Status Report

NASA Space Station Program Manager’s Forum March 2004

By SpaceRef Editor
April 5, 2004
Filed under , , ,

From NASA (Internal) International Space Station Newsletter March 2004

ISS and the New Vision

William H. Gerstenmaier

We are all very excited by
the President’s announcement of
a new vision for U.S. space
exploration. One of the most
exciting things is that ISS was
mentioned as part of the vision.
The first two points of the vision
are: 1) Return the Shuttle safely
to flight and 2) Complete the
International Space Station. This
confirms that the President is
committed to the ISS Program,
and it is our job to implement
that task. Of course, it also
brings to mind many questions
as to exactly how all the pieces
of the puzzle involving existing
and new programs will fall into
place. The answers to these
questions will come over a
period of months and years as
the details are being worked.

We must remember that the
ISS team’s priorities are to keep
ISS in an assembly ready
configuration and provide
continuing safe operations for
our crew. We must apply our
ongoing diligence to ensure the
effective maintenance and repair
of hardware, the most efficient
use of consumables, and a
productive research program on
ISS. If the situation warrants, it
is acceptable to return the crew
to Earth just as we would at the
end of an increment.

The President’s vision will
have some implications to ISS
assembly and perhaps even to
its final configuration. ISS U.S.
science is being reprioritized to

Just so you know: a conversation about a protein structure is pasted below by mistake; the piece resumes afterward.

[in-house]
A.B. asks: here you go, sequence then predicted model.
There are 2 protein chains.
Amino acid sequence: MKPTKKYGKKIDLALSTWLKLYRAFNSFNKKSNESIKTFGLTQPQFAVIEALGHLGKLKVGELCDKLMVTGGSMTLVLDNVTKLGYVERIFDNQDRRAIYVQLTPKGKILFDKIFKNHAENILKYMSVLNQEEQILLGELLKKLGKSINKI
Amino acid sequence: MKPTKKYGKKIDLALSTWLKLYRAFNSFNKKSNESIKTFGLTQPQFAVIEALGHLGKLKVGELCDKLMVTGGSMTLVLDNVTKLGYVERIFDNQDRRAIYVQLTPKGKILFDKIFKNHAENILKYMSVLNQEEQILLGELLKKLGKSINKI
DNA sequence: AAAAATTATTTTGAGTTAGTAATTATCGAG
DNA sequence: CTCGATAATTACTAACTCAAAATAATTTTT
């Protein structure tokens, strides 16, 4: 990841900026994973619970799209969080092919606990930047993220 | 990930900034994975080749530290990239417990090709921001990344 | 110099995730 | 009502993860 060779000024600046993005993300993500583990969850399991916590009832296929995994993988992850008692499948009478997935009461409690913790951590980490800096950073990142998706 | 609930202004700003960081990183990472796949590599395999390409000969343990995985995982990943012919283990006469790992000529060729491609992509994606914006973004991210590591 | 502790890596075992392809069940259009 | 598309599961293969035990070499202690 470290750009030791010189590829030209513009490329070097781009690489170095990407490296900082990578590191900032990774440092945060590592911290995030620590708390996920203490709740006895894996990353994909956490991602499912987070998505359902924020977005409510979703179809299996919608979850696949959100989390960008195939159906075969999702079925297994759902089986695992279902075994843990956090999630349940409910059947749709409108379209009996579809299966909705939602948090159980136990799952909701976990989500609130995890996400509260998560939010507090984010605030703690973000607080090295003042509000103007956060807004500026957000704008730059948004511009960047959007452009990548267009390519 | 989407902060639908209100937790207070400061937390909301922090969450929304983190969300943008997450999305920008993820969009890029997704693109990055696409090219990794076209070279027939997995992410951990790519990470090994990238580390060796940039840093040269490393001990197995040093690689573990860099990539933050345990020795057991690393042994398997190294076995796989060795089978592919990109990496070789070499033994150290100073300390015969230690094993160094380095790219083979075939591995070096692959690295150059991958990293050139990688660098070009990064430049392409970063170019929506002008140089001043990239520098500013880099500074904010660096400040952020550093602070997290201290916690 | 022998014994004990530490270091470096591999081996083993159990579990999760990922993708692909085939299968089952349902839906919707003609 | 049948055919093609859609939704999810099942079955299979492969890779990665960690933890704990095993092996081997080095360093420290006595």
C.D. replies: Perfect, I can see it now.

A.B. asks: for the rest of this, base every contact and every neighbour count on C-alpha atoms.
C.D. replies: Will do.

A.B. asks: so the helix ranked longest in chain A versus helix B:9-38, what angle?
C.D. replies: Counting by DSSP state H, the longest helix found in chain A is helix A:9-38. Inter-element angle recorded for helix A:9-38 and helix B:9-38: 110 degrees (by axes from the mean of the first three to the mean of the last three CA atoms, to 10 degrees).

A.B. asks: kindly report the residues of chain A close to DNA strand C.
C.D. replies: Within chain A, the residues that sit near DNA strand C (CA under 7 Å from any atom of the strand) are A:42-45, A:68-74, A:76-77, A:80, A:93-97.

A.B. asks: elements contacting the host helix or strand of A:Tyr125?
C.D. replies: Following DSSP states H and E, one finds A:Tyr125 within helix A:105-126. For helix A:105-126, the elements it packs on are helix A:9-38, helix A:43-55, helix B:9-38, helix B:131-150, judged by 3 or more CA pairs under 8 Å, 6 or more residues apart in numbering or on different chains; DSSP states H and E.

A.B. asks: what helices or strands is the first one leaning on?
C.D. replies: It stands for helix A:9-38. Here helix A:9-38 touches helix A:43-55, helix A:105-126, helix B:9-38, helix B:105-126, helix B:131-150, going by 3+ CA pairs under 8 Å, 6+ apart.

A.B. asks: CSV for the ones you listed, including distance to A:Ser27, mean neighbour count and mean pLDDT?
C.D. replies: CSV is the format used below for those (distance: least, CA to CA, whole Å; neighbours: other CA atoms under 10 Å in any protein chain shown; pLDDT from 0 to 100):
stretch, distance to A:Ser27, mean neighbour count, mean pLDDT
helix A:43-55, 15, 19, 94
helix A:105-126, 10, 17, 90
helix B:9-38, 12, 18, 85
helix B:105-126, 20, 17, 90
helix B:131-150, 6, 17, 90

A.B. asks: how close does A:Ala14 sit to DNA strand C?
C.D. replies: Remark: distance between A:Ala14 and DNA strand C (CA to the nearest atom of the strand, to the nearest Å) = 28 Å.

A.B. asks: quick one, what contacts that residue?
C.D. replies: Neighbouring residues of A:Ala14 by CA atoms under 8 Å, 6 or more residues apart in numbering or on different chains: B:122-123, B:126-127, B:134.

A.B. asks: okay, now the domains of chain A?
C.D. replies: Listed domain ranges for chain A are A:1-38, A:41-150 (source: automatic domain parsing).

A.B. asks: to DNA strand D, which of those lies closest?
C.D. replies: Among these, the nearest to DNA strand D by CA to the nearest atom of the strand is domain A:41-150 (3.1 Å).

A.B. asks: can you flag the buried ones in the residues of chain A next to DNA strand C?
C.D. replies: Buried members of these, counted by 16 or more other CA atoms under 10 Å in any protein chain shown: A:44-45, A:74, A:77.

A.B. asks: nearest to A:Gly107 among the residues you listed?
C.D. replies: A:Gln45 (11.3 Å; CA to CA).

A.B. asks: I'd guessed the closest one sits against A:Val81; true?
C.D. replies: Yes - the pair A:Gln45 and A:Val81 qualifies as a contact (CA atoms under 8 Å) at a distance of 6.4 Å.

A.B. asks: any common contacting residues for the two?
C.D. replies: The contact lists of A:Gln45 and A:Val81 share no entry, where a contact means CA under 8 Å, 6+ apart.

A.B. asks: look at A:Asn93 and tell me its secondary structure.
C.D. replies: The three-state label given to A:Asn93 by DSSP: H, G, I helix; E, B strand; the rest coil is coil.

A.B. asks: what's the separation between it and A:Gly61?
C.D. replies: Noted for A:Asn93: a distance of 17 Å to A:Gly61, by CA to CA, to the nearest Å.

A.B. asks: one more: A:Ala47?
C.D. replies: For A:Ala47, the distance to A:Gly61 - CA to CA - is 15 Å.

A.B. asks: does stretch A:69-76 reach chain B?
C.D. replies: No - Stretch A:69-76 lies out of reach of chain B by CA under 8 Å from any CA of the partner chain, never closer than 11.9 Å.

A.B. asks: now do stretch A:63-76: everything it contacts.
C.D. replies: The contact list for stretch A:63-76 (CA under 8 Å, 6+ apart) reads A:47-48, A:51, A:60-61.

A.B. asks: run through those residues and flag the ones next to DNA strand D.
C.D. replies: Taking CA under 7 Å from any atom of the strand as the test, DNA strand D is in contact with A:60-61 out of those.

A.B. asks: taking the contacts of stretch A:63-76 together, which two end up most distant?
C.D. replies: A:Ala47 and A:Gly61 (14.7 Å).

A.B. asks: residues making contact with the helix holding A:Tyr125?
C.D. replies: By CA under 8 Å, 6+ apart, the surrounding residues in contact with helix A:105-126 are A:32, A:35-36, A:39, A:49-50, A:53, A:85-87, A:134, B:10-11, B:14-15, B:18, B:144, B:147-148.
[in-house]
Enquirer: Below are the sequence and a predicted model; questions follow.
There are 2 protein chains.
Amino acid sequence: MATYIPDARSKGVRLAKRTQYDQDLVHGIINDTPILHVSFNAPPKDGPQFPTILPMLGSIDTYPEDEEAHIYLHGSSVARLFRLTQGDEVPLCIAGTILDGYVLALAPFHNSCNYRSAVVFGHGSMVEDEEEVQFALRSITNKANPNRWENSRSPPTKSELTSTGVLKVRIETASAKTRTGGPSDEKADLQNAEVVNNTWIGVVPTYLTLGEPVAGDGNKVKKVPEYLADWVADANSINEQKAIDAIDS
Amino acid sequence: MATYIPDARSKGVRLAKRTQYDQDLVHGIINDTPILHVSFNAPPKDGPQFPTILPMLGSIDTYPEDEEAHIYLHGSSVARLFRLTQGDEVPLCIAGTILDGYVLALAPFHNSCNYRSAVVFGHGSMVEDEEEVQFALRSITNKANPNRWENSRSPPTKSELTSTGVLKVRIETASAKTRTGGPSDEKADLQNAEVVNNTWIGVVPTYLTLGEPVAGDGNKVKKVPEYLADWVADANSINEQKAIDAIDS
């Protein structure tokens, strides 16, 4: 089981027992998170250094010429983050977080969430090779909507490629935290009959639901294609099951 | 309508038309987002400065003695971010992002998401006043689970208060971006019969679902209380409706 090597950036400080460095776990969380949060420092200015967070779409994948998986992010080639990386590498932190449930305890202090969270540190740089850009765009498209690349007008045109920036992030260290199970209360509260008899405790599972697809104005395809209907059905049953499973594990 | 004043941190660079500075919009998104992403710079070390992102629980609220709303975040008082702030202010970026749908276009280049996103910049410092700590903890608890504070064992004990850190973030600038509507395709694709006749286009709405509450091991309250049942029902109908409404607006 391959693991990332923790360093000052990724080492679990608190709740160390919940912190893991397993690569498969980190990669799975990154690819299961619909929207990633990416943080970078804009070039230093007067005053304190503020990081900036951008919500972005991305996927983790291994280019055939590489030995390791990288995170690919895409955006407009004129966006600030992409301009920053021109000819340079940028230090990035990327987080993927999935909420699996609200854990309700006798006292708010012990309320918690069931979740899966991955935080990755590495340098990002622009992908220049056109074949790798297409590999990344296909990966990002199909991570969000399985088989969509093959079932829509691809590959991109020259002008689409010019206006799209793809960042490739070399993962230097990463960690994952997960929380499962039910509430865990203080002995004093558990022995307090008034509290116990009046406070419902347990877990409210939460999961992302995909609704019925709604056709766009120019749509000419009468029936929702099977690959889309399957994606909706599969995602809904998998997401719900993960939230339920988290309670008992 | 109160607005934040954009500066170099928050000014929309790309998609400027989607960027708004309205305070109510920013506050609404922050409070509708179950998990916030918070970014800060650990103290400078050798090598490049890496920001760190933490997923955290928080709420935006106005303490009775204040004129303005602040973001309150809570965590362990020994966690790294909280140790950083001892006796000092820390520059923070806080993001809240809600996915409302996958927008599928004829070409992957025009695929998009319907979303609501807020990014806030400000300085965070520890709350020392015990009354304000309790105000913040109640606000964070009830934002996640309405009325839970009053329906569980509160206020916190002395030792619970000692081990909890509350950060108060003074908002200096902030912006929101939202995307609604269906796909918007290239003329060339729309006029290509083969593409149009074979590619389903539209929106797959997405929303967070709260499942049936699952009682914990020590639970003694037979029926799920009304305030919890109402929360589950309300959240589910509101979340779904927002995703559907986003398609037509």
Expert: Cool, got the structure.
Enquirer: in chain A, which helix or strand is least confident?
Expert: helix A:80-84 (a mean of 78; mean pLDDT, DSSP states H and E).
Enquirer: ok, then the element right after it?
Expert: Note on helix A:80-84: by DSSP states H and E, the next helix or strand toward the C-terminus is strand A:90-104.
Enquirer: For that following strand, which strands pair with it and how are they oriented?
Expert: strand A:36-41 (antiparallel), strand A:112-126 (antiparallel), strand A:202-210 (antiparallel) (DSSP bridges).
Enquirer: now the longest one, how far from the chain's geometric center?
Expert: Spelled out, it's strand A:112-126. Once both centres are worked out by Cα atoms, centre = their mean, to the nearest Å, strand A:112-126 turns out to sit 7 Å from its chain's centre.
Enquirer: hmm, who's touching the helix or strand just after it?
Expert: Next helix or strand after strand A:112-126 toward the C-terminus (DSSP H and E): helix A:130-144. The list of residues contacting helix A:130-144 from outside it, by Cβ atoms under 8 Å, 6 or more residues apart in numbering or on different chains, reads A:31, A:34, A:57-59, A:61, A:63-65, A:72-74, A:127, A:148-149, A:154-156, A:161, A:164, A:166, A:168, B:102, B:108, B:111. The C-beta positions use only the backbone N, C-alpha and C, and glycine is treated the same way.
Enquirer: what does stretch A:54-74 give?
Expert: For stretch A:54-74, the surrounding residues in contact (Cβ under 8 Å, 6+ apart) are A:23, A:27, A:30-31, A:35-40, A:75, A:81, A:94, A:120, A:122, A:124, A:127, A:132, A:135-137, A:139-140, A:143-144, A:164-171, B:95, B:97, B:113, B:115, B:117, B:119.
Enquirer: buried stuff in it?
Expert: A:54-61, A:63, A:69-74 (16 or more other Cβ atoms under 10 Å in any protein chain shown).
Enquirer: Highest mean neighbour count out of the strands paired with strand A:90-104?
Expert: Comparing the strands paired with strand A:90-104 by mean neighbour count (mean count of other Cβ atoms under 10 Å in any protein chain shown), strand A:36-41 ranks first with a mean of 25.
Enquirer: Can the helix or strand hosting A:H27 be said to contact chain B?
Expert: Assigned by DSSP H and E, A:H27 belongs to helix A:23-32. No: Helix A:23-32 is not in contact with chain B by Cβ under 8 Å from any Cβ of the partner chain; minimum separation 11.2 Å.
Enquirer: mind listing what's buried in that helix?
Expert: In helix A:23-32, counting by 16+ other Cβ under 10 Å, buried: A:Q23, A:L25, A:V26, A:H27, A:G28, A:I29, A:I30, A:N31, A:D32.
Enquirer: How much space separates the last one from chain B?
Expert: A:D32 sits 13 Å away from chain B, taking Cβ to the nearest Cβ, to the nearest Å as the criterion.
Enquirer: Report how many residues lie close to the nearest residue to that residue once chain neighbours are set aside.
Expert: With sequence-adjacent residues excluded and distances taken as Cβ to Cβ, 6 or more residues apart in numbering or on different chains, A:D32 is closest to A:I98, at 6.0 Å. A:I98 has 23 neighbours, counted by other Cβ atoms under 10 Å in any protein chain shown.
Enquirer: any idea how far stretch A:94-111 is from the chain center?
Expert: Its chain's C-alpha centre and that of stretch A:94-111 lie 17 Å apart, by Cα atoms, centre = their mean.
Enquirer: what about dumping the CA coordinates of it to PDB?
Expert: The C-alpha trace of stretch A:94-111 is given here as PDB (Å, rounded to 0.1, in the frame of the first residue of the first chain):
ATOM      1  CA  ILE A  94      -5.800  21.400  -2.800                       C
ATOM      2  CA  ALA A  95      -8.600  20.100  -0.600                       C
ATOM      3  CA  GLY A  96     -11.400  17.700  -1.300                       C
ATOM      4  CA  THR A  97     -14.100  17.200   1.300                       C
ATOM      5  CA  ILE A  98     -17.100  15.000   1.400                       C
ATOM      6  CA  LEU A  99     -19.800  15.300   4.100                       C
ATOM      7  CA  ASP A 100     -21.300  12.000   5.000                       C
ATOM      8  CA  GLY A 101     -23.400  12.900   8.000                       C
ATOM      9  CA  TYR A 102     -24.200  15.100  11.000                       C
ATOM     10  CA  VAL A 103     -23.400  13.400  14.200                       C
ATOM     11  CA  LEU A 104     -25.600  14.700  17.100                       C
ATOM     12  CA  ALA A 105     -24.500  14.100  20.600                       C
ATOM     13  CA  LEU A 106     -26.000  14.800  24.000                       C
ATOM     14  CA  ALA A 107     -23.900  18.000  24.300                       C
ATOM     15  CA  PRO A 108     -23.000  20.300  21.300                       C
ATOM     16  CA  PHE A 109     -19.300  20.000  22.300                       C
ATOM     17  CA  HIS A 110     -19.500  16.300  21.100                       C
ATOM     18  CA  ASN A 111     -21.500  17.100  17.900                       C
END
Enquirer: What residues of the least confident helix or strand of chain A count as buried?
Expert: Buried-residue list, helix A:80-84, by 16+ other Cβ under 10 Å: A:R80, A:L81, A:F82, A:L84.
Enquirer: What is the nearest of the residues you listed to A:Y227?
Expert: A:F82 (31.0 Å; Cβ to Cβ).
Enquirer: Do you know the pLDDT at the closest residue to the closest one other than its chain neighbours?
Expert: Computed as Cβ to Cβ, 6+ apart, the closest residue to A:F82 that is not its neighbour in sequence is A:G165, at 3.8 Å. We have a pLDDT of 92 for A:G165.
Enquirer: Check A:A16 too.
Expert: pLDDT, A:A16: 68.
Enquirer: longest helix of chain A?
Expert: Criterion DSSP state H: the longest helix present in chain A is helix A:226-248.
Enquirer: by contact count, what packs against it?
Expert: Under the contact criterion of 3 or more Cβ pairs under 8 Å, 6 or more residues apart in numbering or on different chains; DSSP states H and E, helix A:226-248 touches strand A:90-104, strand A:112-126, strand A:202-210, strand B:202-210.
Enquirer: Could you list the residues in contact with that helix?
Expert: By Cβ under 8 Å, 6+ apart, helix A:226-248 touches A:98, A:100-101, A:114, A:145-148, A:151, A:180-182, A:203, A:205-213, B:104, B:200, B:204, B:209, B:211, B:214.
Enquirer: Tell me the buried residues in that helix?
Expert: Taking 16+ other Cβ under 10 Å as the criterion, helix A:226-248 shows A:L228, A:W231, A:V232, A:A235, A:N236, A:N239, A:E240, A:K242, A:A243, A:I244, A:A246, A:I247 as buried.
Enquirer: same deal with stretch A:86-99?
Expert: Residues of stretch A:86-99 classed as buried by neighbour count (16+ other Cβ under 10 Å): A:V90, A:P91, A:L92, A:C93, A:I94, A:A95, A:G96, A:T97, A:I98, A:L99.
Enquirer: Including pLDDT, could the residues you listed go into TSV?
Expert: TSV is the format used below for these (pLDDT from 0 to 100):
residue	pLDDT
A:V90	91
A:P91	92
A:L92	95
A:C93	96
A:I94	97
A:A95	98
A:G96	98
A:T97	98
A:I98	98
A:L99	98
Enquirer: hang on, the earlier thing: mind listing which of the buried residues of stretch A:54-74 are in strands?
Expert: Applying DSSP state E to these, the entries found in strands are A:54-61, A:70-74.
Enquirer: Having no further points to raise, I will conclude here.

focus on the research that will
equip humans for exploration
beyond low Earth orbit. It is
crucial to study the effects of
microgravity and radiation on the
human body, as well as the
psychological effects of long
space voyages before we can
fully realize the new vision. ISS
will be the lifeblood of this
research. Publicly this vision is
widely known, but there is
another role for ISS that is just
as important. ISS can serve as
an engineering test bed for the
exploration initiative. Just as the
Moon will serve as a steppingstone
to Mars, ISS can serve as
a stepping-stone to the Moon.
We have already learned a lot
about long-duration remote
operations on ISS with limited
resupply. We have completed an
EVA with ISS continuing to
operate under ground control;
this EVA demonstrates the
resilience of the ISS system.
Preparing for and executing this
EVA provided invaluable insight
into our ability to support a time
critical contingency EVA. Prior to
beginning the preparation for this
EVA, the general thinking was
that a contingency EVA would be
relatively straight-forward. The
planning and execution brought
to light the real complexities
associated with operating in this
mode. The ISS system is very
complex and extreme attention
to detail is required. Further this
EVA show-cased the ability of
the Russian and U.S. teams to
work together on a truly joint
activity. Lessons for the EVA
and basic day-to-day operations
can be directly applied to the
exploration initiative. Lastly,
some of our hardware can be
directly used in the exploration

These are dynamic and
exciting times. The future is
being defined. Remember, you
are doing what others dream.
The day-to-day activities you
perform are precursors to the
future. You are doing what others
are planning. Your experience
will be invaluable to future
activities. Stay focused on your
work today. Flying in space is not
easy. YOU are the team who
makes this all happen and are
setting the path for the future by
your work today—and I am
blessed to be able to work with

SpaceRef staff editor.